27 Nov 2017

Controlling prostitution through legalization?

Phuong writes*

Here’s a fact: Vietnam, like other East Asian countries, does not like prostitution, which is regarded as a disgraceful, shameful occupation.

Here’s another fact: It is impossible to eradicate prostitution, and current statistics indicate that the sex industry in Vietnam is only increasing in size and types of harlotry employment.

As shall be detailed further, strengthening the police force is not an effective solution to tackle the issue, therefore, the country needs to look at more innovative, viable options. One of the options that have been suggested in prostitution studies and policies of many countries is to legalize and/or regulate the occupation. Such options have been proposed and rejected multiple times due to the government and society’s conservative nature; however, they have received media coverage and sporadic civil support [BBC Vietnam 2017]. These suggestions include the open of red light districts in the country’s economic capital Ho Chi Minh City (HCMC).

HCMC has the biggest number of prostitutes in the country, with over 29,000 service locations, and 10,000-15,000 sex workers [VNExpress 2014, ILO 2002]. According to the city’s AIDS Prevention Agency, 13% of AIDs cases come from streetwalkers and 9% from prostitutes at service locations [VNExpress 2014]. 5.2% of male sex customers in HCMC are infected with AIDS, significantly higher than the infection rate of total male clients nationwide at 1.7%. In an interview conducted by the National Institute of Labor Science and Social Affairs, nearly 50% of sex workers are found to be victims of violence during work [Thanh Nien News 2015]. It is estimated by the ILO (2002) that around 10% of sex workers in HCMC are children under 18. The city is also the center that links transnational human trafficking lines. High number of prostitutes is also said to damage woman’s status in the society and exacerbate gender equality issue [Europe Parliament 2014]

These are the negative externalities of the prostitution industry in the city. However, criminalizing prostitution cannot eradicate the sector as demand for prostitution is highly inelastic [Levitt & Venkatesh; Edlund & Korn 2002], and since an average prostitute’s salary exceed an average person's salary (8.6 million VND and 6.03 million VND respectively), prostitutes’ supply is also tenacious and sustainable. Additionally, law enforcement and police’s control and oversight over prostitution in the city is deeply inadequate; authority only possesses 180 profiles of sex workers out of thousands [Baomoi 2017]. The existing law only prohibits the direct harlotry activity but allows for alternative service locations such as salons and spas to flourish.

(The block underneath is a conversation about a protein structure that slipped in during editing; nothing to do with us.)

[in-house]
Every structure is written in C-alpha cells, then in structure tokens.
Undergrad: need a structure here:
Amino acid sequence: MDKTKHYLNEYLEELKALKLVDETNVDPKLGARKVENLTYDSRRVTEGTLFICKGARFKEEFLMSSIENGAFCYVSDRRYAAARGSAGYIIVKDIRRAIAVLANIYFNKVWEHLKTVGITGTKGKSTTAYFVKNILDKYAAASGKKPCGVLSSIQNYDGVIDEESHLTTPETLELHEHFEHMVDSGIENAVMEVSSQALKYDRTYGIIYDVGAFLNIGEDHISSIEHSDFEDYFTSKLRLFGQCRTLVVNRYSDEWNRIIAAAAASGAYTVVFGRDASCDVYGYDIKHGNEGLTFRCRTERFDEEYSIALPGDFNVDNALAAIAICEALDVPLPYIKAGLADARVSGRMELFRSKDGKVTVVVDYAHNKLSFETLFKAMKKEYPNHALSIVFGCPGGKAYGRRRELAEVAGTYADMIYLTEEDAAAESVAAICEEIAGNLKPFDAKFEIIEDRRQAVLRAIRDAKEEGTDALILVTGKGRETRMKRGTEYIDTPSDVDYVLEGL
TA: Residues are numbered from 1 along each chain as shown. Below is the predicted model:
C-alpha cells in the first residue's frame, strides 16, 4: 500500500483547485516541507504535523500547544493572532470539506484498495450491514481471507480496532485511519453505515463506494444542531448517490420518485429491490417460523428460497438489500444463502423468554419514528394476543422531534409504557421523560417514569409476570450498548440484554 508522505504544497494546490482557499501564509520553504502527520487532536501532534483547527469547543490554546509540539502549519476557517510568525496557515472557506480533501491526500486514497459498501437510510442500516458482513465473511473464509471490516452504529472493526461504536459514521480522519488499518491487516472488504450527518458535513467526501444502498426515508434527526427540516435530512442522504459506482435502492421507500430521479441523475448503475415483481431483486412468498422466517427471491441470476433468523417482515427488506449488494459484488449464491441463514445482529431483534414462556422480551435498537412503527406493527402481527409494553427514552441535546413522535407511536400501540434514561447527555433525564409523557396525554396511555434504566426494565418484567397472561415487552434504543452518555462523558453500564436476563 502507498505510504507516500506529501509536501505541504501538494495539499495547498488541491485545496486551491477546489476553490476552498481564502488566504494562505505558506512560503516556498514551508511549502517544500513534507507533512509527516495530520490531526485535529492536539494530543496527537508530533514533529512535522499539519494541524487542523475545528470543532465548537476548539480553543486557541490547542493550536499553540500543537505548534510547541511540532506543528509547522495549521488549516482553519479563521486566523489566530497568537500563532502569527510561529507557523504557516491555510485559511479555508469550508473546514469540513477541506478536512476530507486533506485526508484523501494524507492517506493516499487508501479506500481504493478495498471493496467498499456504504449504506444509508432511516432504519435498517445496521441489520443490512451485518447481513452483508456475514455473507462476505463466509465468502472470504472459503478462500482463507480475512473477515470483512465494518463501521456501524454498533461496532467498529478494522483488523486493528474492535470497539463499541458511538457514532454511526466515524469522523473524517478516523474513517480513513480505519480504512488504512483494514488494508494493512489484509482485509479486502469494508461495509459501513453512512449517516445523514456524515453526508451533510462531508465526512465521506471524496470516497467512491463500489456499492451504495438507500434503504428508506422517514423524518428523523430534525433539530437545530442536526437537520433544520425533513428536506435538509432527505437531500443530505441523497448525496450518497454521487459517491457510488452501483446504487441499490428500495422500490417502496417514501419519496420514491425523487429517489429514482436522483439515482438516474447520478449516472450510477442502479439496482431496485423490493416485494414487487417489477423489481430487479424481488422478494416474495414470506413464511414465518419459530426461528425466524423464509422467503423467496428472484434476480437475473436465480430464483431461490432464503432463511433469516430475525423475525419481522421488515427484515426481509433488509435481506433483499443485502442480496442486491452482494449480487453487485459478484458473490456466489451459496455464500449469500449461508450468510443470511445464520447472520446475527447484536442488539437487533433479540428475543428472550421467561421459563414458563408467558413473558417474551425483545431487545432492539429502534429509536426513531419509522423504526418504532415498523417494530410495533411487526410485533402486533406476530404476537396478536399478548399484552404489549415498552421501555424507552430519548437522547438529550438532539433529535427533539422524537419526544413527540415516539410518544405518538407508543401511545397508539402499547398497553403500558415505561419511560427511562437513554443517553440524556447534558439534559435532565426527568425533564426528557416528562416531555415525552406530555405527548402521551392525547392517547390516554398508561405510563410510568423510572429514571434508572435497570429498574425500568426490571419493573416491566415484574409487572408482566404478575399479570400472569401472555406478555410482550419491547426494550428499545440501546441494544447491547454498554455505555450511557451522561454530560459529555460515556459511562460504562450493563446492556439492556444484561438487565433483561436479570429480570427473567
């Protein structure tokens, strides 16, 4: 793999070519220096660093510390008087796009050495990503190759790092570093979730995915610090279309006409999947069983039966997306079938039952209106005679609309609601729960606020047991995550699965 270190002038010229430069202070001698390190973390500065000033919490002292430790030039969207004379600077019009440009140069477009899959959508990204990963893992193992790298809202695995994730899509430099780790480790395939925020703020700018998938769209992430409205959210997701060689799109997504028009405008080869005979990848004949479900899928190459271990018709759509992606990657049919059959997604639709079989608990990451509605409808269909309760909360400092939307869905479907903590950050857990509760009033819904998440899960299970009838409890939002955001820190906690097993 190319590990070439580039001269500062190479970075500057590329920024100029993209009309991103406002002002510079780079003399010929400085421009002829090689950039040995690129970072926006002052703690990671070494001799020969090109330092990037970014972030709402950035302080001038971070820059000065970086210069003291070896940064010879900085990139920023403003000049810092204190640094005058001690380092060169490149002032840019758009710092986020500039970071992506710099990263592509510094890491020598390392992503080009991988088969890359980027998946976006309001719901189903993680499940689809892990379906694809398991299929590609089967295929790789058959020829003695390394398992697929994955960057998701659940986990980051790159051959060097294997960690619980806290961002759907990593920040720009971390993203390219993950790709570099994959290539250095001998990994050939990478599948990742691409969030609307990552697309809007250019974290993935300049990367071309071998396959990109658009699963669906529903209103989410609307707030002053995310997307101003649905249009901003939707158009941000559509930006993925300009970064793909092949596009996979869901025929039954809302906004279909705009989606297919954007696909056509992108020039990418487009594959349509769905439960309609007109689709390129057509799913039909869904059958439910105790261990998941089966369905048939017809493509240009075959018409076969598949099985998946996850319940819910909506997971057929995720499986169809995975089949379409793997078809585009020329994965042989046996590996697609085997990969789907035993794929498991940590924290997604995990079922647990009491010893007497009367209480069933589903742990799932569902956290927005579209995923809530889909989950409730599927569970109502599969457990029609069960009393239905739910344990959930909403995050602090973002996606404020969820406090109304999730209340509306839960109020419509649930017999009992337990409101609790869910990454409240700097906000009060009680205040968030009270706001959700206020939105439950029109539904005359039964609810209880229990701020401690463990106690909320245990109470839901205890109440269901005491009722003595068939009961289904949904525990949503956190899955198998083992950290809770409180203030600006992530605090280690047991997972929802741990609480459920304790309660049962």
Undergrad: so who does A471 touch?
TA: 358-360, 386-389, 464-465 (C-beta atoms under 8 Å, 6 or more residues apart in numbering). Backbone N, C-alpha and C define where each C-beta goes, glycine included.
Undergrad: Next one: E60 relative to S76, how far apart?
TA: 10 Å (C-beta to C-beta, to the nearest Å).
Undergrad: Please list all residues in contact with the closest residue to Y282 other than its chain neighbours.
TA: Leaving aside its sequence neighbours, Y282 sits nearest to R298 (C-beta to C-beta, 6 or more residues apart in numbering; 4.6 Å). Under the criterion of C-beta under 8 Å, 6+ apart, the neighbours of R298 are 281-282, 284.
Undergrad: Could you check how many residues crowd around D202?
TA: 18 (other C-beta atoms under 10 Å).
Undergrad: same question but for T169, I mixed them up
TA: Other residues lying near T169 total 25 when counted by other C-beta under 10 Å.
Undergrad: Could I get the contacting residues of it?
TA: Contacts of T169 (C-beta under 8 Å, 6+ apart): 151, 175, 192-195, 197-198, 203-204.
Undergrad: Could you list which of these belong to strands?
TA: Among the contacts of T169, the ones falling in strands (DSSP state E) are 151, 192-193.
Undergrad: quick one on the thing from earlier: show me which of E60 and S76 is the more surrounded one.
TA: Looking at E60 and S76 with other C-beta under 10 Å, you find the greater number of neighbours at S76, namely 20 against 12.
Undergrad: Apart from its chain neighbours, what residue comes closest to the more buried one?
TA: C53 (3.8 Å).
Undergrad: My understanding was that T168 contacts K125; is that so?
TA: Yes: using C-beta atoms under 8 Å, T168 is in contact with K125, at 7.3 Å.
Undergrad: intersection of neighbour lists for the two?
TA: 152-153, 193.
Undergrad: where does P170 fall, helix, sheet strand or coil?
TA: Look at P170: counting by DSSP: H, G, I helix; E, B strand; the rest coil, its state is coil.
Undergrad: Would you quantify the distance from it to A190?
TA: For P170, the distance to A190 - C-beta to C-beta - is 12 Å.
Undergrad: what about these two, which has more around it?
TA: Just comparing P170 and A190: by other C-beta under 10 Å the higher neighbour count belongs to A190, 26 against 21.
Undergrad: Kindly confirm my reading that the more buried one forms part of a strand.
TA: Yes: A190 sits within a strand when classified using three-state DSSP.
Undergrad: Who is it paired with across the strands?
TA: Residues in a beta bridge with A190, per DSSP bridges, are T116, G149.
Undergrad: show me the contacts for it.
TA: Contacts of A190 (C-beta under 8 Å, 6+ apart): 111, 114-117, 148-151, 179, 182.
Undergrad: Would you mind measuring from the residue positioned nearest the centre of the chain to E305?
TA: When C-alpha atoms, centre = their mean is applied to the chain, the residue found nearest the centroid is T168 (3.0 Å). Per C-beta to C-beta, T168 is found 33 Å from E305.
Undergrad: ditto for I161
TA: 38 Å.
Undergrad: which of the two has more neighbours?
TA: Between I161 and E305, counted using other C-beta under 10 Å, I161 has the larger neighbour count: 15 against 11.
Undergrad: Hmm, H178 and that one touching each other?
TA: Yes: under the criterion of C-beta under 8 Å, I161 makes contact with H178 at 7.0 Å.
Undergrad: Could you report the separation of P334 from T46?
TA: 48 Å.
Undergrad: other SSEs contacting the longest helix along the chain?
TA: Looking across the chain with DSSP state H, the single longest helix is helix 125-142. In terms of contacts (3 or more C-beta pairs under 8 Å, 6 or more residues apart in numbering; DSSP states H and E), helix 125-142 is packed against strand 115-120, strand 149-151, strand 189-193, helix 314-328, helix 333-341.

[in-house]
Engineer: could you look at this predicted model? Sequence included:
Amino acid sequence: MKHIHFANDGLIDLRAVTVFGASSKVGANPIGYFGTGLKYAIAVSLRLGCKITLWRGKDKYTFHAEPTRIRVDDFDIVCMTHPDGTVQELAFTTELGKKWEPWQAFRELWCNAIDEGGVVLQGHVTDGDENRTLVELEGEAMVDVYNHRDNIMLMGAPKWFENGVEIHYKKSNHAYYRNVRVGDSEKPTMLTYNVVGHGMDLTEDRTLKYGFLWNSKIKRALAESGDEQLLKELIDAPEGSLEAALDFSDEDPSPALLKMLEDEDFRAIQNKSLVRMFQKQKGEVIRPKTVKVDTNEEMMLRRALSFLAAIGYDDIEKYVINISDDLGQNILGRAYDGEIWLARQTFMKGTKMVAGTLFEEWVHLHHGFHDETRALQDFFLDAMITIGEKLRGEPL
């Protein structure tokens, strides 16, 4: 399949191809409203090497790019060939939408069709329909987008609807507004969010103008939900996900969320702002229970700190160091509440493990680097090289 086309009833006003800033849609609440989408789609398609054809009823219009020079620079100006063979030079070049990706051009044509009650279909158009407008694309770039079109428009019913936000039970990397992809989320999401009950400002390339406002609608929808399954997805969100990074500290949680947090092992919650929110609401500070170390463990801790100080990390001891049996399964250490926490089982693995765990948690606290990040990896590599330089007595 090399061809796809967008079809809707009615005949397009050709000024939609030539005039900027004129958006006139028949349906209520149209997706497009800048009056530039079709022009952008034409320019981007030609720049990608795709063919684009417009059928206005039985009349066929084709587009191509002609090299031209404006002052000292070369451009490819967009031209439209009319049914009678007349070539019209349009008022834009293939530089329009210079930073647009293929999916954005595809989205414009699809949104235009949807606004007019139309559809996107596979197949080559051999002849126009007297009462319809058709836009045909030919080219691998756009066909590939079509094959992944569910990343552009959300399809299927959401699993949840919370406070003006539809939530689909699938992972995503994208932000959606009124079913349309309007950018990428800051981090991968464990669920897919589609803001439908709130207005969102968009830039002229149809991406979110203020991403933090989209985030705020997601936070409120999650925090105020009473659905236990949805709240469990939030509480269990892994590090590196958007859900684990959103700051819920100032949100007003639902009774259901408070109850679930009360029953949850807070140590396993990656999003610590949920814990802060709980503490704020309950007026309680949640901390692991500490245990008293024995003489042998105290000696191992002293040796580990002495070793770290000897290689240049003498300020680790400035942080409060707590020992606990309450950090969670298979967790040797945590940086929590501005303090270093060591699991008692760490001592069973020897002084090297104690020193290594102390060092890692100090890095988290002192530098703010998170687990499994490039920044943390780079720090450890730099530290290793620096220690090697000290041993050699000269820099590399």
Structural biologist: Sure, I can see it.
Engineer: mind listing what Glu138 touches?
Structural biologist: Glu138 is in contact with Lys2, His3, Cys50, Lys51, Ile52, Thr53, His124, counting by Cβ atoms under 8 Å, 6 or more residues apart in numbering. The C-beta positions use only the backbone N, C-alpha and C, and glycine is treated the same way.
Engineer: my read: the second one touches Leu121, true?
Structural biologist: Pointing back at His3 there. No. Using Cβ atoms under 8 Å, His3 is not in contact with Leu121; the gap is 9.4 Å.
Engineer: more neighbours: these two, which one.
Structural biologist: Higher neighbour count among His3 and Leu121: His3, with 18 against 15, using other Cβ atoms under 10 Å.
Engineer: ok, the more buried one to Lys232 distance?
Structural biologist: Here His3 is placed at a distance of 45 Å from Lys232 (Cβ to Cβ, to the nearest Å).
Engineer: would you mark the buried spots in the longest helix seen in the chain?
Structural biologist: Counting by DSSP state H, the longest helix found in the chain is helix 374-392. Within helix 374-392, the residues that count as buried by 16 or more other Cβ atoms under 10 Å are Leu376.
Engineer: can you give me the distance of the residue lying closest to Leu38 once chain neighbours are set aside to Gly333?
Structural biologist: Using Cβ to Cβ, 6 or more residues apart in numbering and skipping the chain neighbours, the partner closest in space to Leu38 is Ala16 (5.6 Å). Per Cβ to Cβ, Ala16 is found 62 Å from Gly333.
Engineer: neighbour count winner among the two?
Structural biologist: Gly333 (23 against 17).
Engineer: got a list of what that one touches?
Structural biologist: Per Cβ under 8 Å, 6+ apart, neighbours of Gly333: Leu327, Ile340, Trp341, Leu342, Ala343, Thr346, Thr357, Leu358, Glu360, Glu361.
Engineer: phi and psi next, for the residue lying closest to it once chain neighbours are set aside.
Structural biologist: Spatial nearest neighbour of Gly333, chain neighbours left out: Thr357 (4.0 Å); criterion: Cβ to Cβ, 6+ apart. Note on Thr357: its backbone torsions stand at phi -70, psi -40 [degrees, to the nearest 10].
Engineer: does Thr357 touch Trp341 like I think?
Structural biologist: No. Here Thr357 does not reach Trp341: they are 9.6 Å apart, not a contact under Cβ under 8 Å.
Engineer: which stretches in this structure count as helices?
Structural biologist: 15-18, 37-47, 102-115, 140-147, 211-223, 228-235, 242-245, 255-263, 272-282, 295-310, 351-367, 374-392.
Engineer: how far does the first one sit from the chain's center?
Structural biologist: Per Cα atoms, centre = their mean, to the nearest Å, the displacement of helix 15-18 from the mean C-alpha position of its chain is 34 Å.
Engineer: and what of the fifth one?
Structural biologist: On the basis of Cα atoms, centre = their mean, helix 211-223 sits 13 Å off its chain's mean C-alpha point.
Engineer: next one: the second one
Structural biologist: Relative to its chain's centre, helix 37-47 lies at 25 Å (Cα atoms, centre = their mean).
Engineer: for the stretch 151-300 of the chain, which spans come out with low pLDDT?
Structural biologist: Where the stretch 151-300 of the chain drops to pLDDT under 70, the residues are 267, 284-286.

In addition to the inability to obliterate prostitution of the current police force, the proposal to establish red light districts in HCMC is worth exploring because of its economic gains and potential positive social effects. In comparison to other cities that also home prostitution businesses, the average monthly salary of a HCMC prostitute is higher than that of national average (12 million VND and 8 million VND respectively). Additionally, a billion-dollar industry of professional prostitution that involves models, actresses and singers are also operating in HCMC [Baomoi 2017]. Daily income of these high-class prostitutes and pimps are $3,500 and $1,500 respectively [Baomoi 2017]. However, comparing to Hanoi, Hai Phong or Can Tho, establishing a control red light district in HCMC seems to be the most plausible, since the city has the most competent and less corrupted police workforce. HCMC inhabitants are also known for their open and Western-prone mindset, which make the cost for social objection minor once the policy is introduced.

In contrast to its apparent economic gains, the impacts of red light district on society are seemingly positive but uncertain. As experts has pointed out, legalizing prostitution does not lead to a direct reduction in HIV/AIDS patients, but a strict management over prostitutes would [MOH 2016]. Current treatment for HIV/AIDS prostitutes has been insufficient and costly, which is mostly due to the high transaction cost of gathering infected sex workers [MOH 2016]. The legalization and management of prostitution can help reducing this transaction cost. The same logics can be applied to violence against sex workers, the frequency of which can only be reduced by an effective public security force. With a better supervision, domestic sexual exploitation of forced adult and child labor can be reduced; however, strengthening supervision may lead to a rise in transnational human trafficking. An effect on gender equality is also debatable, as the red light district can invite and encourage voluntary sex workers, which would only reduce female participation in formal economic sectors and exacerbate women’s status in society.

Bottom line: Despite the controversies around the idea, legalizing prostitution seems to be a more efficient solution to control the industry than criminalizing it.

* Please help my environmental economics students by commenting on unclear analysis, other perspectives, data sources, etc. (Or you can just say something nice :)